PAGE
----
Thursday, 01 Dec 2022

California migration of millions of birds brings unprecedented avian flu threat

California migration of millions of birds brings unprecedented avian flu threat


California migration of millions of birds brings unprecedented avian flu threat

Ever year during the fall migration season, 5.4 million waterfowl descend on California, as birds from Canada and Alaska make their way south on an aerial transnational highway known as the Pacific Flyway.

This year, the arrival of the birds also brings concern. A new avian influenza is circulating, and that means trouble for domestic chickens, wild birds and even mammals.

"The prediction is we're going to be hammered in the next several months," said Maurice Pitesky, who monitors and forecasts bird viruses at the University of California, Davis.

There are 144 known types of bird viruses, most of them mild. Just as human viruses do, they swirl around the world and pop up in different places.

This year's flu, known as H5N1, came from Europe, scientists say. Since its first detection in the US in January, in a wild duck in North Carolina, the high-pathogenic virus has spread rapidly across the country. In California, the strain was first recognized in geese and pelicans in the Central Valley in July of this year. Since then, more than 10 counties in the state have documented cases.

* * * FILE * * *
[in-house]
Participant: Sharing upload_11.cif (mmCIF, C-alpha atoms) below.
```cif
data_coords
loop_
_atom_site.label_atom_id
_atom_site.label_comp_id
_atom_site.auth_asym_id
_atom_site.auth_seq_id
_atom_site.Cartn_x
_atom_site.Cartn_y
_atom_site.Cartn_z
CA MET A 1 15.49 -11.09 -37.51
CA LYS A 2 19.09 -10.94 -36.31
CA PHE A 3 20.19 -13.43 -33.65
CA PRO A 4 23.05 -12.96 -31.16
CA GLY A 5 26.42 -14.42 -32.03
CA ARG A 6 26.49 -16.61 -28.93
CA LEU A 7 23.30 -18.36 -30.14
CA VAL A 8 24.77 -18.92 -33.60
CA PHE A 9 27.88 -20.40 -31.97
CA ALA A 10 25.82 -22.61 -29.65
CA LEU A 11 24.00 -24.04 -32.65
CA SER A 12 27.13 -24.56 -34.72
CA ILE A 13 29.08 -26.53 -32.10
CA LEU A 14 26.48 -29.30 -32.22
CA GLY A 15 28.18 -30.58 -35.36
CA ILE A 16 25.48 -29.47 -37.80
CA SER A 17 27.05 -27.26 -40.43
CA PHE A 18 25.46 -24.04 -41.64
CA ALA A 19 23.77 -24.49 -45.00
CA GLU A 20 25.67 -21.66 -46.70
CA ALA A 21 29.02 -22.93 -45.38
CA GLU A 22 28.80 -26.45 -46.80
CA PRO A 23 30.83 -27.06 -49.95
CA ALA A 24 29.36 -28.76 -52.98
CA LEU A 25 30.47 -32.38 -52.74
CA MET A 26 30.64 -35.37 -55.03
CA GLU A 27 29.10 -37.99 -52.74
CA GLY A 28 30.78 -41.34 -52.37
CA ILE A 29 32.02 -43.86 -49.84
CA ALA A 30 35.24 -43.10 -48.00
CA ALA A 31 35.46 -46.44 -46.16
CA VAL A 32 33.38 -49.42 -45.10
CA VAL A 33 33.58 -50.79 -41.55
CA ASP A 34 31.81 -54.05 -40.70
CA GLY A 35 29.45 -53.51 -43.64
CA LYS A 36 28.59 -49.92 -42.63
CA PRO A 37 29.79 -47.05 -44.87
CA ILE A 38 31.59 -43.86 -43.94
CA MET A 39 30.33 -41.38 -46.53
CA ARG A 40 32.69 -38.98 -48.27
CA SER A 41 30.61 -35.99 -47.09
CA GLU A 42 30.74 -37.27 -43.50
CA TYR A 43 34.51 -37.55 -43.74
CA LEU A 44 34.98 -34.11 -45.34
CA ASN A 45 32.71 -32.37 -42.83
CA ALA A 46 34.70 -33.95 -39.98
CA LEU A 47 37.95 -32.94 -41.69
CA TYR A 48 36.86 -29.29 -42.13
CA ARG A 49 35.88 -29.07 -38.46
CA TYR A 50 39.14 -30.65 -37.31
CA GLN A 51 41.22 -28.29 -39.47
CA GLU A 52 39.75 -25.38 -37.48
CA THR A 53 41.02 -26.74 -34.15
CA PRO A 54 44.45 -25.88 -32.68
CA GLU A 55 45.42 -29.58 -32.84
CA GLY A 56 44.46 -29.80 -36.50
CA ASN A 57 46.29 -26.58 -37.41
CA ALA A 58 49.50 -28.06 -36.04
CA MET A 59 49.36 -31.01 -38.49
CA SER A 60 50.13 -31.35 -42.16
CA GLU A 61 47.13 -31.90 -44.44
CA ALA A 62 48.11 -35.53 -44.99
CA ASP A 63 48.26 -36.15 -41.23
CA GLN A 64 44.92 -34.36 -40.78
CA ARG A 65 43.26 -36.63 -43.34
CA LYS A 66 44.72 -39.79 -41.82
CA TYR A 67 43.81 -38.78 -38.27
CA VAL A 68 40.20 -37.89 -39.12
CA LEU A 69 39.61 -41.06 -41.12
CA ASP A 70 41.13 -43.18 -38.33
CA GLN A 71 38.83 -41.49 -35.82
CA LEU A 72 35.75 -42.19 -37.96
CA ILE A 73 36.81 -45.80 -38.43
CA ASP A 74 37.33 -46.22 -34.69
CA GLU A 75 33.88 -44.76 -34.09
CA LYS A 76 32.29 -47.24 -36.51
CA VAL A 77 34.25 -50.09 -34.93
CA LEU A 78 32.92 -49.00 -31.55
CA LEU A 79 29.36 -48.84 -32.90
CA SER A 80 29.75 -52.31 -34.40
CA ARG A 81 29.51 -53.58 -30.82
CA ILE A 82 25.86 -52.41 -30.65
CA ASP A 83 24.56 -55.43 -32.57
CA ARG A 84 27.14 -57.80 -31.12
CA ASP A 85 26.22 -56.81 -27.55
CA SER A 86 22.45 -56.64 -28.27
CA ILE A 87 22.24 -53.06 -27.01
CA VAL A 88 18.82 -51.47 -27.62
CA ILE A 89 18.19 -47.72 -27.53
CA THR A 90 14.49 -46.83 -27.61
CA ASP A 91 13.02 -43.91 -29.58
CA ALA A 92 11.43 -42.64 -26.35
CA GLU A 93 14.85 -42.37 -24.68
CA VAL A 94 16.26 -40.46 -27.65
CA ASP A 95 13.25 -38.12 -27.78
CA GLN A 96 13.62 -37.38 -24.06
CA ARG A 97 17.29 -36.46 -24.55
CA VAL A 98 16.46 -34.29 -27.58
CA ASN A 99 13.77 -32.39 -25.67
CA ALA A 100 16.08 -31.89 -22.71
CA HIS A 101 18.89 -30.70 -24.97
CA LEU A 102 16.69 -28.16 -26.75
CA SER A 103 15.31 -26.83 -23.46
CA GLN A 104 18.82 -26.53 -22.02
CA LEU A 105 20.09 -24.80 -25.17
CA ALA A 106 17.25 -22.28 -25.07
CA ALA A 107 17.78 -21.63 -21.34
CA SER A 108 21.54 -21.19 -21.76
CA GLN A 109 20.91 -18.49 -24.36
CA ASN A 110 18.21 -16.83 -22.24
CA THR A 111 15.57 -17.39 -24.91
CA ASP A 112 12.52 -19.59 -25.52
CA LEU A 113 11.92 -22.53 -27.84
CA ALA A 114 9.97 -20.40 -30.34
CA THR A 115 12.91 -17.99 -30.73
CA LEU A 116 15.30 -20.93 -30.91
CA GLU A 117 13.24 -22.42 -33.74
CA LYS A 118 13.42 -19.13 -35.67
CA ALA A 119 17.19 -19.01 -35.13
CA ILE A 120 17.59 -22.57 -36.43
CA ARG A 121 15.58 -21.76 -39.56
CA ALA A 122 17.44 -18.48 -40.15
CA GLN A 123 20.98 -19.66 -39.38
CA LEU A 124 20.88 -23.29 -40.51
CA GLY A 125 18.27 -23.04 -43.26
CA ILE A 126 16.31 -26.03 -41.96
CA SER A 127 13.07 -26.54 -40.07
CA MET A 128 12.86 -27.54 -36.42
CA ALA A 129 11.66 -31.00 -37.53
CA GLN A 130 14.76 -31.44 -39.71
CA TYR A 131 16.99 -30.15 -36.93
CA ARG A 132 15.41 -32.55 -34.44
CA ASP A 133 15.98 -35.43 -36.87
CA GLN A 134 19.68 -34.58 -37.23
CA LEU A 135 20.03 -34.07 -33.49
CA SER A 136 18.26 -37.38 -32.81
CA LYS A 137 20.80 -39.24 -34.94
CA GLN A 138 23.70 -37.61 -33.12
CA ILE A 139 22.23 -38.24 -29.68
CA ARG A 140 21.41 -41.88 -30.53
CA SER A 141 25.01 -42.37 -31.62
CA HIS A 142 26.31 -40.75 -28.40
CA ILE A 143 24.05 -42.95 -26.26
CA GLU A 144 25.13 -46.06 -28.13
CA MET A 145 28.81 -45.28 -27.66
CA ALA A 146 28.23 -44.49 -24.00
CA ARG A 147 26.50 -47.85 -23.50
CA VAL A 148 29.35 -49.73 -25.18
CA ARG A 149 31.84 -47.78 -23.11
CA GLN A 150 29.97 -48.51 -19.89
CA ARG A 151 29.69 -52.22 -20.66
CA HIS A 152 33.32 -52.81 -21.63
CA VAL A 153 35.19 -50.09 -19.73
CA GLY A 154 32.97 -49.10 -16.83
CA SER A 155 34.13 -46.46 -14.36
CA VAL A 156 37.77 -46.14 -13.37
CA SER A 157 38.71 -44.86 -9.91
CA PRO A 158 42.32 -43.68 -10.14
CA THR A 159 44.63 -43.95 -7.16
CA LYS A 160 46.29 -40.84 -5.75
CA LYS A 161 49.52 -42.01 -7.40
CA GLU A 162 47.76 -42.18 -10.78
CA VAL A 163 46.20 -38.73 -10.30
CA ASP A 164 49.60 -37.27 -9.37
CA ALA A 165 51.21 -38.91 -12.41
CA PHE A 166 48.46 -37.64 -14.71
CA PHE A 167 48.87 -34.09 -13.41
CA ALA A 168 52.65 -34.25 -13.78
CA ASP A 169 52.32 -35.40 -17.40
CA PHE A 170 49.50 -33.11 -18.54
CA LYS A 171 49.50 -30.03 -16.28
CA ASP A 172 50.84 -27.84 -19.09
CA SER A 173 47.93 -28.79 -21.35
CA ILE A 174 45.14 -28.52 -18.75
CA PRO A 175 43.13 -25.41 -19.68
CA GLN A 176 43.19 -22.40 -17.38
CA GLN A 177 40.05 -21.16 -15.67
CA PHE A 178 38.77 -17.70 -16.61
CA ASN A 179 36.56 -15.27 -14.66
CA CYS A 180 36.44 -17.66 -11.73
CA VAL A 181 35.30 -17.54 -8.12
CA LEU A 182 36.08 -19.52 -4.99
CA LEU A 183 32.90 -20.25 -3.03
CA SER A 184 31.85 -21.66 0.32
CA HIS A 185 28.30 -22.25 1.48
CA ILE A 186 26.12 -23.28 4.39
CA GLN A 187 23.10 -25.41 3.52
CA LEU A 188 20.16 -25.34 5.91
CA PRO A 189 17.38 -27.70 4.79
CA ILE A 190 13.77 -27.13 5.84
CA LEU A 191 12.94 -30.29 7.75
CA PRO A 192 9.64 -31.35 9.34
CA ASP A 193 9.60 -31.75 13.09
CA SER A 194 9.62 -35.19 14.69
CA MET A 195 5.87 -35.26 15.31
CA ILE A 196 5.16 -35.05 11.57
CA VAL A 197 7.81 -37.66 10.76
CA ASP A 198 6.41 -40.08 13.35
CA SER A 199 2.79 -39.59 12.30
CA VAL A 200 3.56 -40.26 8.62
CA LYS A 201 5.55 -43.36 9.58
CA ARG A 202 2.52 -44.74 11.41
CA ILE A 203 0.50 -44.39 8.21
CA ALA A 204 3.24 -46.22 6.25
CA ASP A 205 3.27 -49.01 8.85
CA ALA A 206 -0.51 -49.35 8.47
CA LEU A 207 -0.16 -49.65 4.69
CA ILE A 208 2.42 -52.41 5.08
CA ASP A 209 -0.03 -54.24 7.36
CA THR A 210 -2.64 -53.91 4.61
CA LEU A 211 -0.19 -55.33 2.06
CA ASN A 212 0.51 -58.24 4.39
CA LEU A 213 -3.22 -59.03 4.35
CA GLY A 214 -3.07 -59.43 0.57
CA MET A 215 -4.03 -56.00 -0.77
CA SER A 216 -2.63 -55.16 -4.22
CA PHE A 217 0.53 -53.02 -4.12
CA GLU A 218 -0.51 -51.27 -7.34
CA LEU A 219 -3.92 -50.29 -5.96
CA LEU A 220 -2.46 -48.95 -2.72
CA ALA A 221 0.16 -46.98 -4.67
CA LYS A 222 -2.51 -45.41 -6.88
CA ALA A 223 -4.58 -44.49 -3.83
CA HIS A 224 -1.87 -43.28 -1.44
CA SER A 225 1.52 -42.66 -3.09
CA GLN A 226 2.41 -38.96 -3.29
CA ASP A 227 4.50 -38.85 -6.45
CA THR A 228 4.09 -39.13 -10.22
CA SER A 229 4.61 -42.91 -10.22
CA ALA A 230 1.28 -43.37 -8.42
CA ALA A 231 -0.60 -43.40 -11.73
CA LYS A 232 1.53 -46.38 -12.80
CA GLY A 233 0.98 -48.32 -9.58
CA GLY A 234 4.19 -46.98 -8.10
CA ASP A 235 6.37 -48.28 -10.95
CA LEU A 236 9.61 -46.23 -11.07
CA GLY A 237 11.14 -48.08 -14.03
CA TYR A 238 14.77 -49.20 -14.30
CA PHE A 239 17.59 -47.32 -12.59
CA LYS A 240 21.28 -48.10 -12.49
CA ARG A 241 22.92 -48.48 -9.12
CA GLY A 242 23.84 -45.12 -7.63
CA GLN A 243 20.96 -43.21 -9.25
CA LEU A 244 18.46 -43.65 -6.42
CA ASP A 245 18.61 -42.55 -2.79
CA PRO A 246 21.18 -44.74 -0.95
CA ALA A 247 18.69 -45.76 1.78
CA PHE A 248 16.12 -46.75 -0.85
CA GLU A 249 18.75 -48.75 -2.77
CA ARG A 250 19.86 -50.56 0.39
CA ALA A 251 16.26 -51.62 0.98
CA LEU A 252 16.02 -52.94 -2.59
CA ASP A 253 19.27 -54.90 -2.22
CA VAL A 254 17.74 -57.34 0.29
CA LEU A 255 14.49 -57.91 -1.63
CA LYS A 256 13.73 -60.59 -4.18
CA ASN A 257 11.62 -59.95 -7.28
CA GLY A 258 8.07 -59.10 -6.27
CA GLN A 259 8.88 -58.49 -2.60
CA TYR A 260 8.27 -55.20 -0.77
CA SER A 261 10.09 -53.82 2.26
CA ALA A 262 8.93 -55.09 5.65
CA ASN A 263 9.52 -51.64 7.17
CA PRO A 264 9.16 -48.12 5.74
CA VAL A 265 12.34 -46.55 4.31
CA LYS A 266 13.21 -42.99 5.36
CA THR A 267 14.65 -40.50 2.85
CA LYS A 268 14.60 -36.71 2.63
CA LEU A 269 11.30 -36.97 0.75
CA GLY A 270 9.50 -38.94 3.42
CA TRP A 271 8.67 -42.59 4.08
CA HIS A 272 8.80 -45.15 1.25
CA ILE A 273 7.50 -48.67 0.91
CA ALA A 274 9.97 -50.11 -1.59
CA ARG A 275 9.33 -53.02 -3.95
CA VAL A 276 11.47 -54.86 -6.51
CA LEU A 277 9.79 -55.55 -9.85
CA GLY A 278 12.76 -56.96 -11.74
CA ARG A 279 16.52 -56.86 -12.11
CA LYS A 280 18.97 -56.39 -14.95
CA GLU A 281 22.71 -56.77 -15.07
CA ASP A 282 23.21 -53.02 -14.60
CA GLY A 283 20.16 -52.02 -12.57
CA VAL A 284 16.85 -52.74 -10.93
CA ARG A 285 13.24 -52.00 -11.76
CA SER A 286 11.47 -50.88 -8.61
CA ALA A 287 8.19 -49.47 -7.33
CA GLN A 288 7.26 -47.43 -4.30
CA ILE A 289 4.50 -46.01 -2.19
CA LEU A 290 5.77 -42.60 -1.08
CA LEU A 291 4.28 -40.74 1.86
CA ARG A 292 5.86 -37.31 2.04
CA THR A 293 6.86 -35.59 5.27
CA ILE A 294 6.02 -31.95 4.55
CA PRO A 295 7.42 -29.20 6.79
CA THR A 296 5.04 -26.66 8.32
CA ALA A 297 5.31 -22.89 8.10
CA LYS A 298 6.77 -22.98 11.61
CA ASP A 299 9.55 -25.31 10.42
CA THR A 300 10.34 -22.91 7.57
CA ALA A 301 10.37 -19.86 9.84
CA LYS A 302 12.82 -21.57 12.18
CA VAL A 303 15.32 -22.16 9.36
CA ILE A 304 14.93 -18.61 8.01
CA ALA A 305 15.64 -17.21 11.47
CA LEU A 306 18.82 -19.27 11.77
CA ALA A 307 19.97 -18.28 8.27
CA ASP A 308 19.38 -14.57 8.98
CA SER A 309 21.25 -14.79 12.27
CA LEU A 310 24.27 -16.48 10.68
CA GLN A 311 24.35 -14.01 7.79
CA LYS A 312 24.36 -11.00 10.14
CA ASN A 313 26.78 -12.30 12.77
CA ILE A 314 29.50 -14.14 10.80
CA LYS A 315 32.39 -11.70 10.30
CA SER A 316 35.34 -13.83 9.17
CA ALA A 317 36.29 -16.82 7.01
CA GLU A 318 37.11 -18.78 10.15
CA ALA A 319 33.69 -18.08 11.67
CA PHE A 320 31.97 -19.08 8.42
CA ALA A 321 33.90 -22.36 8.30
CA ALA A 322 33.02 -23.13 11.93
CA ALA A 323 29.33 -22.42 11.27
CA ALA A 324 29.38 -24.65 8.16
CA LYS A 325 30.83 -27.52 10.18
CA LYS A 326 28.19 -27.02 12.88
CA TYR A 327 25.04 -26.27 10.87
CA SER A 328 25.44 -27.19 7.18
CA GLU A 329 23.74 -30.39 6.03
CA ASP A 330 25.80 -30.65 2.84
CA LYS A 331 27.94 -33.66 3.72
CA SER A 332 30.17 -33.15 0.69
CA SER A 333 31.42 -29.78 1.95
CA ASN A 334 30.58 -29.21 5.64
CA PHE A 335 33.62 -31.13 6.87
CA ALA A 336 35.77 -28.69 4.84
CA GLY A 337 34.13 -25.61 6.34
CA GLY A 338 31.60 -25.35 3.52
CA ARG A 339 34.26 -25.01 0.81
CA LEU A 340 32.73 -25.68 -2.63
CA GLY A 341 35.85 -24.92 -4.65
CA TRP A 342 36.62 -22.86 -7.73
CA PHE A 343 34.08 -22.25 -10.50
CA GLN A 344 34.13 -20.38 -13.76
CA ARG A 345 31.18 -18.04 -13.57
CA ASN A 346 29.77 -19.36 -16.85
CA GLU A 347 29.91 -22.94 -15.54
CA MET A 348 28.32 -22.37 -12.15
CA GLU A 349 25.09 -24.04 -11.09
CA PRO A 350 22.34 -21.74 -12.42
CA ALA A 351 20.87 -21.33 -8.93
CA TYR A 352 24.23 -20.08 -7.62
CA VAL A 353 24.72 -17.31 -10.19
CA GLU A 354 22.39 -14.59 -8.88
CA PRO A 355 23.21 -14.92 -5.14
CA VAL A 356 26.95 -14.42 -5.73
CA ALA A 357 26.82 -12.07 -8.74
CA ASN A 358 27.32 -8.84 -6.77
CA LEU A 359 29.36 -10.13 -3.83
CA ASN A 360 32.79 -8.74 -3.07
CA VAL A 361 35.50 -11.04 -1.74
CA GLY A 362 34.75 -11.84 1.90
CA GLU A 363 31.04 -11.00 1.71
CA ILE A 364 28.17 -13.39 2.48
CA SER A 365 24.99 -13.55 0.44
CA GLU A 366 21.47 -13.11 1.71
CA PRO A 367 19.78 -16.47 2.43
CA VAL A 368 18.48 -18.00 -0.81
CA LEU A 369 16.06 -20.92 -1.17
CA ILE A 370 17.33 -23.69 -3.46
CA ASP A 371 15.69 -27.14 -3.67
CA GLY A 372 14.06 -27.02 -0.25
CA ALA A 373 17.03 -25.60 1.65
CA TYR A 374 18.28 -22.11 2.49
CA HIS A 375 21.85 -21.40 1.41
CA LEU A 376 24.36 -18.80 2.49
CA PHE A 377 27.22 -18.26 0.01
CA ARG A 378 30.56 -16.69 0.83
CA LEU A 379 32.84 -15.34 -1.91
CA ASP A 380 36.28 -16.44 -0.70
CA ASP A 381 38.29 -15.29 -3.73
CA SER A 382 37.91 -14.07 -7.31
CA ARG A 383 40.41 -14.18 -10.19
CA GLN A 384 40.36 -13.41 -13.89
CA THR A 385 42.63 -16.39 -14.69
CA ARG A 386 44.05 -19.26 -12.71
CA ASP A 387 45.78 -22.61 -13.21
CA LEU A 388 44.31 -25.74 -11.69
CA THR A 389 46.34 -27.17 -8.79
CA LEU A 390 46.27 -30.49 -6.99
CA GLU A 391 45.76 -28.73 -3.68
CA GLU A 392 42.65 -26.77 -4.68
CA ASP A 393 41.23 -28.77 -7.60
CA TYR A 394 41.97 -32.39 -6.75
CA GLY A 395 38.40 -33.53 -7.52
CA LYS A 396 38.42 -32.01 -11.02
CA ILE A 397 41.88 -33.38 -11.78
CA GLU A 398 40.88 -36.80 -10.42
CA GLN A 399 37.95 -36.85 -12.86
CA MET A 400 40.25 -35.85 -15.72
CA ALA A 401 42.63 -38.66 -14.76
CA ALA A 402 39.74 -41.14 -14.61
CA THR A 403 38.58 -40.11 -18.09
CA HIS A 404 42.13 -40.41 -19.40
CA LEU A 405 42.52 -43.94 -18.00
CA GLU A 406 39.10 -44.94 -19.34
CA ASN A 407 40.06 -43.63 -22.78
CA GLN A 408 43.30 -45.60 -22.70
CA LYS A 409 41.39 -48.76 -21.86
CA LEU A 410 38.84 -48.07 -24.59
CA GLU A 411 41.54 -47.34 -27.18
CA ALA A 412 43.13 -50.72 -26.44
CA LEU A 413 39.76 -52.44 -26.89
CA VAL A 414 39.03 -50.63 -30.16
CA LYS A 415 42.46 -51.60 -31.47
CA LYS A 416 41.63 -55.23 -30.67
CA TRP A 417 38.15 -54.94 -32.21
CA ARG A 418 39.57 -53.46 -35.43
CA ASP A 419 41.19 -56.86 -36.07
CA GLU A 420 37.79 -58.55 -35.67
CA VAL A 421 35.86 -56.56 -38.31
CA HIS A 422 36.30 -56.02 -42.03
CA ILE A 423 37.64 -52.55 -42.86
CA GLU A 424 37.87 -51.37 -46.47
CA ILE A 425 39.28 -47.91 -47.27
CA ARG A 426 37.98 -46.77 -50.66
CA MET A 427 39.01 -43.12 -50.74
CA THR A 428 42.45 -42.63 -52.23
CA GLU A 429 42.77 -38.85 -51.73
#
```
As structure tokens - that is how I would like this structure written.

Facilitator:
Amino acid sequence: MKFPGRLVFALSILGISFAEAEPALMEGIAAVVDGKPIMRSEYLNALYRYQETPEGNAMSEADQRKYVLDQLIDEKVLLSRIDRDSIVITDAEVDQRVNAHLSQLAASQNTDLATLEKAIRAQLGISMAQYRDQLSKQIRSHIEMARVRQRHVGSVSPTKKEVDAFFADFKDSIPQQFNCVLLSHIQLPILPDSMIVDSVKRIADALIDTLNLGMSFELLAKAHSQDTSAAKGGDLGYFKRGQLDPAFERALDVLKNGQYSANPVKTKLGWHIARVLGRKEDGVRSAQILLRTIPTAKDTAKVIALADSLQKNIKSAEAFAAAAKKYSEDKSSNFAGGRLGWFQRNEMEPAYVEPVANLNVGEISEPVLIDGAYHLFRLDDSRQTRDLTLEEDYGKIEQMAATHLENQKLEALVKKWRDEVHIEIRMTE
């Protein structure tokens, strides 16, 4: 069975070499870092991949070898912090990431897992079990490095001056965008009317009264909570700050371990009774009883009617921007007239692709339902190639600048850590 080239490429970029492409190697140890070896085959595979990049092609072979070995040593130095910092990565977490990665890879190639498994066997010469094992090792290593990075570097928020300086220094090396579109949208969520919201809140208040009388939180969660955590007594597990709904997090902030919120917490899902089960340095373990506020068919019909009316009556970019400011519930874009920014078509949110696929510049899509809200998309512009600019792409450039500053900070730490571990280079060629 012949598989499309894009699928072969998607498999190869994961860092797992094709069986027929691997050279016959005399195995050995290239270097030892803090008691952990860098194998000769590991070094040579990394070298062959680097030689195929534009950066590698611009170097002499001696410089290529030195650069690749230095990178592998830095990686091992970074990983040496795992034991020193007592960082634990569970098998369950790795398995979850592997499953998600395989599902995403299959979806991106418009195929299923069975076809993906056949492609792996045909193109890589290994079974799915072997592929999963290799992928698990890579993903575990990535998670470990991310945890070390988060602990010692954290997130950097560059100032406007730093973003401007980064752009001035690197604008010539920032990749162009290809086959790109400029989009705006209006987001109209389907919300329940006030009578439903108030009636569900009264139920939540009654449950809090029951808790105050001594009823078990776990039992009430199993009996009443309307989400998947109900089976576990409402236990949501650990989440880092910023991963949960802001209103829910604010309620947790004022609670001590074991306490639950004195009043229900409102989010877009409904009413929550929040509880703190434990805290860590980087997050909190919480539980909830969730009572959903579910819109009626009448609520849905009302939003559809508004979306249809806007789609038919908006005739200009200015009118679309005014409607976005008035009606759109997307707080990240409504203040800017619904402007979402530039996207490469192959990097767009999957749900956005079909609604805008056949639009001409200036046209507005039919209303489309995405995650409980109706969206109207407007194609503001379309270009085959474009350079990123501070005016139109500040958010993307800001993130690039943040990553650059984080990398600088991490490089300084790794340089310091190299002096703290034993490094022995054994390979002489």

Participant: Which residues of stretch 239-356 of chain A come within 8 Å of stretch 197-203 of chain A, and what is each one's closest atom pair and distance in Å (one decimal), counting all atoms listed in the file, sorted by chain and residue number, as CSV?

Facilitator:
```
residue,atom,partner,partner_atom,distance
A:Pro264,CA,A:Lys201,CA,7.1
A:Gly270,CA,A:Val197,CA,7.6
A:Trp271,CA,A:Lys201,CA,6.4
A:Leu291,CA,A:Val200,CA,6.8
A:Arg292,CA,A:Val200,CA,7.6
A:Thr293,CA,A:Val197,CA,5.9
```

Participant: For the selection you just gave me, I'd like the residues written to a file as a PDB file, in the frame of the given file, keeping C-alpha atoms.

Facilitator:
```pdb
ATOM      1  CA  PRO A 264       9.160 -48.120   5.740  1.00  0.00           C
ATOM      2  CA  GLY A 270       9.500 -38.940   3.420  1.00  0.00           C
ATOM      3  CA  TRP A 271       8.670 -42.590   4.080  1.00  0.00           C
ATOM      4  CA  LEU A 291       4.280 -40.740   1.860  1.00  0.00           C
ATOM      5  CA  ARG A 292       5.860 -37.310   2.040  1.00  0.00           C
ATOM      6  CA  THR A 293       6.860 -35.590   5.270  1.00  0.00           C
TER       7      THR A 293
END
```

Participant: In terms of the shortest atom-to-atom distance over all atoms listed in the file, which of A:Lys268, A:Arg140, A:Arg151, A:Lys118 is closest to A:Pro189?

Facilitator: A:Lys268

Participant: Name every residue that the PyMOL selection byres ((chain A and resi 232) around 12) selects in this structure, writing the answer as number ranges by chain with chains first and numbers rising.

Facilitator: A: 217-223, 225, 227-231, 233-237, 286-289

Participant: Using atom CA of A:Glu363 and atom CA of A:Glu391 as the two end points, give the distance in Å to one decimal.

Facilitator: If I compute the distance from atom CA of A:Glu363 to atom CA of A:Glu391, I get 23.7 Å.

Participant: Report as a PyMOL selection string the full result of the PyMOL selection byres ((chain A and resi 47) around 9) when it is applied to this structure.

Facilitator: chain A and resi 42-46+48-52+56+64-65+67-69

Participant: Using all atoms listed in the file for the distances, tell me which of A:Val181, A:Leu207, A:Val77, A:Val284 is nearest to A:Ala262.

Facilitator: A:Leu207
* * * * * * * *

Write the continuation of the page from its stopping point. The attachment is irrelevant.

"Geographically speaking, we're dealing with something unprecedented," Pitesky said. "It's only going to speed up over the next couple of months."

The most recent bad flu year for birds in North America was 2014-15, when 50 million chickens and turkeys were killed, either from the virus itself or culled to stop the flu from advancing - something known in the poultry industry as depopulation.

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